The convenience sample was justified due to the use of the entire sample available during the research period. There were a small number of older adults diagnosed with dementia at the institution, i.e., only 36 of 105 residents. From this small number, participants were excluded due to death and other exclusion criteria. There was no other institution with a multisensory environment in the city. The use of this institution‚?Ts sensory room was reserved for its residents.

(A) IG: Notably, 10 older adults received individual care in a multisensory room, twice a week, for 30¬†min, during 3¬†months, totaling 24 sessions. Two researchers participated in the session, of whom one performing the interventions and the other one, as an observer, recording the reactions and data of the intervention. The IG participants continued to attend the activities promoted by the institution‚?Ts health care team.

A semi-structured script for observation adapted and modified from the preliminary version of the Snoezelen Assessment Scale29 was used during the sessions to describe the subjects‚?T reactions to the stimuli presented during the sensory stimulation intervention and to record the sensory resource used and time spent in it. The therapist measured the systolic blood pressure (SBP), diastolic blood pressure (DBP), and HR right after the older adult arrived at the environment and the end of the session, using an automatic digital BP monitor.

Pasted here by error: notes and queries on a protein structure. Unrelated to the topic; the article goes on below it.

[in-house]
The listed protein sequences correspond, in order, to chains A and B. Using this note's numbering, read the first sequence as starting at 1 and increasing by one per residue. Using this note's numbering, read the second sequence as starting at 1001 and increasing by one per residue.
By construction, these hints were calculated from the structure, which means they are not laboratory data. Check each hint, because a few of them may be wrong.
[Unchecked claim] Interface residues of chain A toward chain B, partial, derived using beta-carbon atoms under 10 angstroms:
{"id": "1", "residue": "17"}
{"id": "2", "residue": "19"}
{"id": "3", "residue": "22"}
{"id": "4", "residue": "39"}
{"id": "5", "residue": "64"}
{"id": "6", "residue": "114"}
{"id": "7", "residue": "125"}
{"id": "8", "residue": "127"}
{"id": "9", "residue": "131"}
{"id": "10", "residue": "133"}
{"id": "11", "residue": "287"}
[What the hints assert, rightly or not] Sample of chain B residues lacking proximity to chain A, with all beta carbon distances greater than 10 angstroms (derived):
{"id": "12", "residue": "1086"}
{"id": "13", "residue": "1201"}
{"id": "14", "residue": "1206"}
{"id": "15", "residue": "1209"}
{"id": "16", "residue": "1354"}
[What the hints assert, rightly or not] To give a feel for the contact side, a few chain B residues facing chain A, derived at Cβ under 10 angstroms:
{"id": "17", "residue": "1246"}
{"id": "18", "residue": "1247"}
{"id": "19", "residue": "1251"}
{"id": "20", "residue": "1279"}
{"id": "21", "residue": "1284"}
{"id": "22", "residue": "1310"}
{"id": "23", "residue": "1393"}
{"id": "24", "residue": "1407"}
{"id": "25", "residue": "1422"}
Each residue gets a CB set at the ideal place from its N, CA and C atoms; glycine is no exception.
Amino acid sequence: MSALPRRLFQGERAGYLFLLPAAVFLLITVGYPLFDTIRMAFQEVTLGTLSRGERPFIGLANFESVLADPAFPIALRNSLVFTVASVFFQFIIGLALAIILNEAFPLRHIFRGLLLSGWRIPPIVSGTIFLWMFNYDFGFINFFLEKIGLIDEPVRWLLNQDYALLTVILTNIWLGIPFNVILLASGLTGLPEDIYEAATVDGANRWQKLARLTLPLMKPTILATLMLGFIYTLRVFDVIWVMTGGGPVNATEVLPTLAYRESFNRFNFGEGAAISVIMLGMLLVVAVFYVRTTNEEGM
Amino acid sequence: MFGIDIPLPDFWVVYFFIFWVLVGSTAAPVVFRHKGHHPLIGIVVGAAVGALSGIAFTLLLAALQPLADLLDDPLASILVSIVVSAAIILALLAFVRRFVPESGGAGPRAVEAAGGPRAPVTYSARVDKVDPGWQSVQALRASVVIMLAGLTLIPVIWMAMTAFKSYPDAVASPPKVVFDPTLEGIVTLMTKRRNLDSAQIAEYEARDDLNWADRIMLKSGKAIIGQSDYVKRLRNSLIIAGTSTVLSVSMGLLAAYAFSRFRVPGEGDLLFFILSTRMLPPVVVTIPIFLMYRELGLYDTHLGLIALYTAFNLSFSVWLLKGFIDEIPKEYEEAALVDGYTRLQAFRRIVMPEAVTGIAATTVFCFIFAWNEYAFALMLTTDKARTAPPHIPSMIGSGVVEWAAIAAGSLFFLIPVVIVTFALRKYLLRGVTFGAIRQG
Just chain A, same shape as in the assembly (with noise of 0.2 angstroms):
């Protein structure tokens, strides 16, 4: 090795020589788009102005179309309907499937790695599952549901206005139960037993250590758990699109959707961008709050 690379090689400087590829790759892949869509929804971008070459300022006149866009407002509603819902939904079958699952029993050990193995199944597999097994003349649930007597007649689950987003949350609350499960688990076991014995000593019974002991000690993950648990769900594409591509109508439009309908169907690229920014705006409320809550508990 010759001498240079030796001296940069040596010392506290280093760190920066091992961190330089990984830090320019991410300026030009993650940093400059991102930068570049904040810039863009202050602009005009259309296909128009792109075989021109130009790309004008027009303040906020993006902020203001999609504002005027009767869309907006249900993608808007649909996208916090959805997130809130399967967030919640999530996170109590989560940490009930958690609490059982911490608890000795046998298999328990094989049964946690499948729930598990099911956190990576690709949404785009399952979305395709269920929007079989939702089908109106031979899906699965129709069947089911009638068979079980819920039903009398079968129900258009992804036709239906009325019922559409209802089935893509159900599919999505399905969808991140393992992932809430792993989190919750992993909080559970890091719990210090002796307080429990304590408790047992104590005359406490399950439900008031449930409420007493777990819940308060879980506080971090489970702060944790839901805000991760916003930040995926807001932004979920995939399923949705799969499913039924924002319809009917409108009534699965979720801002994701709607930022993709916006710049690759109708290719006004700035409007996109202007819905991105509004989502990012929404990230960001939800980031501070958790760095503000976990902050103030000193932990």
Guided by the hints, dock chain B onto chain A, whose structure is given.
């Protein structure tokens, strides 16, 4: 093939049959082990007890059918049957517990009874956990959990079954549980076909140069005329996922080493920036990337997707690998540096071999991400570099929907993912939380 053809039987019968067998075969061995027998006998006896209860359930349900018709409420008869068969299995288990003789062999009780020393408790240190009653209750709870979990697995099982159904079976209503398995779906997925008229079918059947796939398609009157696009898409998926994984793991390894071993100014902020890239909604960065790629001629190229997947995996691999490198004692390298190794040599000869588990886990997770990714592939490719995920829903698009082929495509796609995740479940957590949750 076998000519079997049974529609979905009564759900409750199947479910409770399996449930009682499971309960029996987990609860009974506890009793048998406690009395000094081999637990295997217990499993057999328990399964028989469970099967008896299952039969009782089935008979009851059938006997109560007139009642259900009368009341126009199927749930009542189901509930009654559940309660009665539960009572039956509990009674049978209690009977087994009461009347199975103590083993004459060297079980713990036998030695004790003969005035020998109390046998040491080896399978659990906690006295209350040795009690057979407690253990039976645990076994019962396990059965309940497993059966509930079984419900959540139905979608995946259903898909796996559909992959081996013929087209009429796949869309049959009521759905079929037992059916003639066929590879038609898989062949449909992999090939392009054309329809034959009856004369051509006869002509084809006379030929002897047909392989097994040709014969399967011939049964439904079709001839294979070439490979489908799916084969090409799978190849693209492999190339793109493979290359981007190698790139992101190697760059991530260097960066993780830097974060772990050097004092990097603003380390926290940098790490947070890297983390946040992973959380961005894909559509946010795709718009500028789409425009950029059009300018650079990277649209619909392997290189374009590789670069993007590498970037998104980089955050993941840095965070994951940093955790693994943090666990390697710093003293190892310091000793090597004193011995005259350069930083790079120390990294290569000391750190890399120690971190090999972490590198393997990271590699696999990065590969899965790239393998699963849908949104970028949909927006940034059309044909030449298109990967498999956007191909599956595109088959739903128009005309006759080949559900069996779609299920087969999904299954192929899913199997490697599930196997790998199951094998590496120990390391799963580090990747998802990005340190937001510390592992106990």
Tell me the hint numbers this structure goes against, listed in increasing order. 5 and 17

(B) CG: CG was formed with 10 older adults who did not participate in the MSSP but continued to participate in activities promoted by the institution‚?Ts health care team.

Post-intervention period: Both groups were reevaluated with instruments of the pre-intervention period after the end of the therapeutic program (3 months).

Session structure

The MSSP consisted of a set of sessions based on the multisensory stimulation concept11,30. The therapist‚?Ts approach is nondirective. In the first session, therapist invites the participant to explore the spaces, introducing each resource one at a time, and observes the participant‚?Ts reactions (verbal and nonverbal). Positive¬†responses allow the therapist to again show the most preferred stimuli in future sessions. Adverse¬†reactions, i.e., repulsion to specific resources, can be avoided. Verbal or nonverbal positive reinforcements can be prepared from the participant‚?Ts responses to the stimuli as a form of positive feedback, favoring a sense of effectiveness for making such a choice30.